‘The Mindy Project’: She stoops to conquer
By Hank Stuever,
If the network television industry brimmed with confidence these days — if it were firing on all cylinders and not chronically worried about its weakening business model — I suspect we would have a lot more shows like Mindy Kaling’s larky and easygoing new Tuesday night comedy for Fox, “The Mindy Project.” As it is, the show feels like one of those rare but commercially outre treasures that surface online and are discovered by a relative few viewers.
Created, co-written by and starring the 33-year-old Kaling, the show is all the things we claim to desire in 21st-century, post-post-Norman Lear sitcoms: snarky but sweet, clean but just a little dirty, quick without being rushed, meta without being niche, and centered on someone who seems familiar and yet comes across as a fresh find.
“The Mindy Project” (premiering Sept. 25) feels like now, if “now” is shaped by the three or four decades of the meaningless popular culture and meaningful social integration that preceded it. Kaling’s solo effort is knowing and wry without resorting to the annoying adorkability of her peer Zooey Deschanel’s “New Girl.” (The network has predictably teamed “The Mindy Project” with “New Girl” in hopes of securing a Tuesday comedy juggernaut, as if birds of a feather must always flock together. Mindy is a much smarter bird.)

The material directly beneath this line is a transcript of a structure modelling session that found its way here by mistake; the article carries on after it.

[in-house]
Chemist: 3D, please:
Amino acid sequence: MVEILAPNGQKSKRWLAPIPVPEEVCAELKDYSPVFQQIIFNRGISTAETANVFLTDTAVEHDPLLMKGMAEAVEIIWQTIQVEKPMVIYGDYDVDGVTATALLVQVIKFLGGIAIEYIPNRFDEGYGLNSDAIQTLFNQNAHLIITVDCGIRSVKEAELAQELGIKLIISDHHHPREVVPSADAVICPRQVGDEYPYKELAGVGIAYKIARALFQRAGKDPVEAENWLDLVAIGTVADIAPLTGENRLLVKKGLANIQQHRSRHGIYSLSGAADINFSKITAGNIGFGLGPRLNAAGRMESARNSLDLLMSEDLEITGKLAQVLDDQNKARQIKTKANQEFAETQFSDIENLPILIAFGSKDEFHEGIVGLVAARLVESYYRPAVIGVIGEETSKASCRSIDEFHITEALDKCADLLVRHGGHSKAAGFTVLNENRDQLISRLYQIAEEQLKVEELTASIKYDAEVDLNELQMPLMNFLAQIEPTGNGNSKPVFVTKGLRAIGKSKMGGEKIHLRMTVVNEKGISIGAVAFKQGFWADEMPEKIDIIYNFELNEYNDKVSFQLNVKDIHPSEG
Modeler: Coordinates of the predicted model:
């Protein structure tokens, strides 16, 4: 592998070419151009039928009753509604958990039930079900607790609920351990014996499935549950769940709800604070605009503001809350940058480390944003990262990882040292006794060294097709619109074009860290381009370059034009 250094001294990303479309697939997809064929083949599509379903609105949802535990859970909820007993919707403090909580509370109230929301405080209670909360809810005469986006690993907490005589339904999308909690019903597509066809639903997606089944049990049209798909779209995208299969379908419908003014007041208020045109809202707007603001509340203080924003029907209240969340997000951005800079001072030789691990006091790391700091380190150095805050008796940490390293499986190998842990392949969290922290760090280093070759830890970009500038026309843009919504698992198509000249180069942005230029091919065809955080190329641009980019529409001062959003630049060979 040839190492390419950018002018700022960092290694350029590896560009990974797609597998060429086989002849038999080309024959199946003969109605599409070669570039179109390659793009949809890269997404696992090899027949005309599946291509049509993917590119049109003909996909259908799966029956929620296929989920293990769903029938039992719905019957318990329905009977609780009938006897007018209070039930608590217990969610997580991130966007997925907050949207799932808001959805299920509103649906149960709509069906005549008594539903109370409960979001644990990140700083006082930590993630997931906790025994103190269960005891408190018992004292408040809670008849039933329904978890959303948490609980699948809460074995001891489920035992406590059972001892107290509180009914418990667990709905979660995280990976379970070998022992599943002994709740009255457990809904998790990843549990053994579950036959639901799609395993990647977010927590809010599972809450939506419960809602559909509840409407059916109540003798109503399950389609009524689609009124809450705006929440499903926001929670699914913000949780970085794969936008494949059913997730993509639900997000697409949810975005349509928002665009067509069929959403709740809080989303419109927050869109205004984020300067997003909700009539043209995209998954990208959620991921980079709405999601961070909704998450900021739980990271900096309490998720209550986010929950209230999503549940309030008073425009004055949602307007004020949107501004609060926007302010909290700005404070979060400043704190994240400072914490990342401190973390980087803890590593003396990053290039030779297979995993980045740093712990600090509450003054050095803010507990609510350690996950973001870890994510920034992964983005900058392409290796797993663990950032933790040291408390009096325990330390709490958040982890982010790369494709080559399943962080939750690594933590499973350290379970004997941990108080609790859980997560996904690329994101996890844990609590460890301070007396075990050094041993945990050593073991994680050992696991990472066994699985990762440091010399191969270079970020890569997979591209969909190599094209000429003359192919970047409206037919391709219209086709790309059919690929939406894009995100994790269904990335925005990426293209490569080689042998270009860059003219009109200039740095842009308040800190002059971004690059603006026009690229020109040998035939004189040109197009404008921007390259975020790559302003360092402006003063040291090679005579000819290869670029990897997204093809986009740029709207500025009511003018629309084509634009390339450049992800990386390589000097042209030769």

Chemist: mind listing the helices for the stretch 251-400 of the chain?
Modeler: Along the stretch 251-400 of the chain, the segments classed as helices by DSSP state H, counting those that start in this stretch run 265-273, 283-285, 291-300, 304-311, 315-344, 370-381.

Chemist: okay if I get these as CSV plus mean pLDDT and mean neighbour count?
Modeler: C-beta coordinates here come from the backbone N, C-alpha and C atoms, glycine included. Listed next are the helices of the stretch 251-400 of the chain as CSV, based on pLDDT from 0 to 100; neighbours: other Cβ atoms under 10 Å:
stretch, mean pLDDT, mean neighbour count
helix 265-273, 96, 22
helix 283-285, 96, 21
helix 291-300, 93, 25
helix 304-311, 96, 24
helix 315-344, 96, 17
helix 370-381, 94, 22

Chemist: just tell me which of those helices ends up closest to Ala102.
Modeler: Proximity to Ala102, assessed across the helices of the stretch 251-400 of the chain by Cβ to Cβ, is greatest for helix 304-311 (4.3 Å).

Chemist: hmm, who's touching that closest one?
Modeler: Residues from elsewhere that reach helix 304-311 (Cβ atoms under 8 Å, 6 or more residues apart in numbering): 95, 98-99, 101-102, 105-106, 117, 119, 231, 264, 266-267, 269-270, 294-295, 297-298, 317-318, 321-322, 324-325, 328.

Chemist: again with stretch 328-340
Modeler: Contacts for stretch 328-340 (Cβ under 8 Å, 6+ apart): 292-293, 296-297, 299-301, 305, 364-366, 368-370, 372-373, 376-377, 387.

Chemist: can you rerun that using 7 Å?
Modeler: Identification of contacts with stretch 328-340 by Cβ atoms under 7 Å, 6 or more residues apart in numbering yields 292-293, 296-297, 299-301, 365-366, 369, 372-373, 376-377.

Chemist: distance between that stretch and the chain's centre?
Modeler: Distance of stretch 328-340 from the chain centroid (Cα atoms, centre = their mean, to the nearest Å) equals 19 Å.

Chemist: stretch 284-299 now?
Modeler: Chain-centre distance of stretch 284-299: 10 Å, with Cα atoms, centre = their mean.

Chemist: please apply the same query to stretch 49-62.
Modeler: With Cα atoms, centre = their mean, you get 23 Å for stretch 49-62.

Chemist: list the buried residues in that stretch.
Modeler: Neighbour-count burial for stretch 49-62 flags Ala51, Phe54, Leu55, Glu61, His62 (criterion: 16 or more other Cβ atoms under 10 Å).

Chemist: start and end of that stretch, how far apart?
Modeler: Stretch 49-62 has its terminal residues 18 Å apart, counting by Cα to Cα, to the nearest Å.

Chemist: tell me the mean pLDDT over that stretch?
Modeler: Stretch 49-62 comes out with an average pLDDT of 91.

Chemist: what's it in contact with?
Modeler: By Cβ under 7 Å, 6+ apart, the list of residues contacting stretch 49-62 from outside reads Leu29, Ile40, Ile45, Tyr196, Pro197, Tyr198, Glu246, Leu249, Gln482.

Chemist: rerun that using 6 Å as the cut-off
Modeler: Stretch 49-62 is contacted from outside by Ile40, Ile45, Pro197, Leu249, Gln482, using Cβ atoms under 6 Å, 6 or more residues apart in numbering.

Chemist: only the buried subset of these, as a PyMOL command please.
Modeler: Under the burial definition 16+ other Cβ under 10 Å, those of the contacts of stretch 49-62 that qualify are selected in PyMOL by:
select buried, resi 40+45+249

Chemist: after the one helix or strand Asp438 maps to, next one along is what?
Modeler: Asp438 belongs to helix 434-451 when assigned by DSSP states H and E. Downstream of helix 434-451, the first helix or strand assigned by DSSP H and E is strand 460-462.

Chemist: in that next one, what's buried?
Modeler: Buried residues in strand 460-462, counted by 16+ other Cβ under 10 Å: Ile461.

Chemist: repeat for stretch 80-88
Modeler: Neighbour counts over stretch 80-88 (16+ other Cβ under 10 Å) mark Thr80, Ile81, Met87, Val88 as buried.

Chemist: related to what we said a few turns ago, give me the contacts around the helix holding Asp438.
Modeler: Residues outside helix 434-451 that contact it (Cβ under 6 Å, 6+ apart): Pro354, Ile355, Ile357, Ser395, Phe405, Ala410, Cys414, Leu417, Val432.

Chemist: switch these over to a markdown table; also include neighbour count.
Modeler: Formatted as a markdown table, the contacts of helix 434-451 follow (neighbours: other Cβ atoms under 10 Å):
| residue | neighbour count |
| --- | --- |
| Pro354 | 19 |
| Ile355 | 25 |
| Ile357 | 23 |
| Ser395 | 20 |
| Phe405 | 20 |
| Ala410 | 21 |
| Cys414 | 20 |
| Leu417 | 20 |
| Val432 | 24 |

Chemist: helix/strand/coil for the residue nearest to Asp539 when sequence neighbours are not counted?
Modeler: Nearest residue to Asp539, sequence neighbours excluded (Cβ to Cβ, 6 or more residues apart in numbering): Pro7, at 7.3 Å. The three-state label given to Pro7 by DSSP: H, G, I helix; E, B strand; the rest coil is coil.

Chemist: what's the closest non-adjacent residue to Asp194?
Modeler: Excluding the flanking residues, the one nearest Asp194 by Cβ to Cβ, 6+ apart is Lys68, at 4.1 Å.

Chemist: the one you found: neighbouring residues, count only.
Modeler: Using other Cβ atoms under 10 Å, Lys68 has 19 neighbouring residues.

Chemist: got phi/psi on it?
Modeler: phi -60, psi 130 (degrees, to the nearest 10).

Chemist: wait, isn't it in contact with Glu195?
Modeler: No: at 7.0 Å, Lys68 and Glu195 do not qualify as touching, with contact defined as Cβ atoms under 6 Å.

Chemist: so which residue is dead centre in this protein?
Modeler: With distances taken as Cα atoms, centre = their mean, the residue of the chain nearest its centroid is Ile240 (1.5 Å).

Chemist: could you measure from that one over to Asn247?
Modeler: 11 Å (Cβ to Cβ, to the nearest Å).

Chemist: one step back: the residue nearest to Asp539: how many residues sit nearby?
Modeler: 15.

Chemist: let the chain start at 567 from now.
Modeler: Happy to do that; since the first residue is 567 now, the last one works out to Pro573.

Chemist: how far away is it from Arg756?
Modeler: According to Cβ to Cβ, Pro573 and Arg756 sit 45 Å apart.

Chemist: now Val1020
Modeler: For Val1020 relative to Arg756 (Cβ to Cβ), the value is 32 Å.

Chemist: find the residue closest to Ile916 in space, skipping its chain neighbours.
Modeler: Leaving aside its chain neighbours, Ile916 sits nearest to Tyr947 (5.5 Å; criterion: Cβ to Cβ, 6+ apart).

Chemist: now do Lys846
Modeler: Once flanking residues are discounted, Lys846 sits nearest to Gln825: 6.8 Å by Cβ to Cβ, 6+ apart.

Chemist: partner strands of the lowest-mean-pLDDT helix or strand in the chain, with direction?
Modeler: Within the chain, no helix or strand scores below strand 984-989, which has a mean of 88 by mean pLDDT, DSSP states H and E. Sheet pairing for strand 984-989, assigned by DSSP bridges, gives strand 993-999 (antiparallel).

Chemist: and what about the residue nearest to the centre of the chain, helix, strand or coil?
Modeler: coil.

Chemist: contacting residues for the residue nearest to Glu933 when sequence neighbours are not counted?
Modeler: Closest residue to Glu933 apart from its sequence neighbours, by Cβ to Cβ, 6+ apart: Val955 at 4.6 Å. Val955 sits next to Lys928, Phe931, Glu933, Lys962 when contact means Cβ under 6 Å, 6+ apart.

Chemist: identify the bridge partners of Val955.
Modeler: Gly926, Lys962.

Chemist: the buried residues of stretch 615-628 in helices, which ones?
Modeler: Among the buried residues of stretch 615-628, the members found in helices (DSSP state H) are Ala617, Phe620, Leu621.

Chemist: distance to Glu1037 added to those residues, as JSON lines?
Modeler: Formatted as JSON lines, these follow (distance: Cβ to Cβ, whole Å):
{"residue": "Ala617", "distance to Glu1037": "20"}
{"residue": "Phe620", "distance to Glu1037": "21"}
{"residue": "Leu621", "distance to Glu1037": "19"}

More than that, “The Mindy Project” stars a strong minority female in a story that only she can tell. Drawing its inspiration from Kaling’s confessional and silly memoir, “Is Everyone Hanging Out Without Me? (And Other Concerns),” the show is about a thoroughly American girl born to high-achieving Indian parents. This fictional Mindy Lahiri fulfilled the duties of the bright second-generation child and became a doctor — an OB/GYN, the same specialty practiced by Kaling’s late mother.
Yet this is not a “minority” or “ethnic” sitcom of the sort networks once routinely ginned up for such comedians, which is what happened to poor Margaret Cho and others a generation ago. In her seven seasons as co-writing and co-starring as Kelly Kapoor in the once-wonderful group effort known as “The Office,” Kaling turned at least one Indian stereotype on its head: Kelly, who will make her exit from “The Office” in a guest appearance or two this season, was an underachieving cog in an office park; her smarts only serviced her own self-absorption and her doomed relationship with the equally vainglorious Ryan (B.J. Novak).
Kelly Kapoor’s “Indianness,” as Kaling has called it, was always a secondary concern, kept in reserve for those occasions where it not only made sense, but also would make a funny situation more funny.
“There’s a saying, I think, that I really believe in, sort of in terms of my Indianness, which is that I try not to rely on it nor deny it,” Kaling explained to TV critics at this summer’s press tour. This is really all our minority TV stars want from us: perspective, dimension — and most of all, the chance to be odd without being viewed as outsider. It’s what so many actors of South Asian descent have been trying to get across, one Kumar at a time.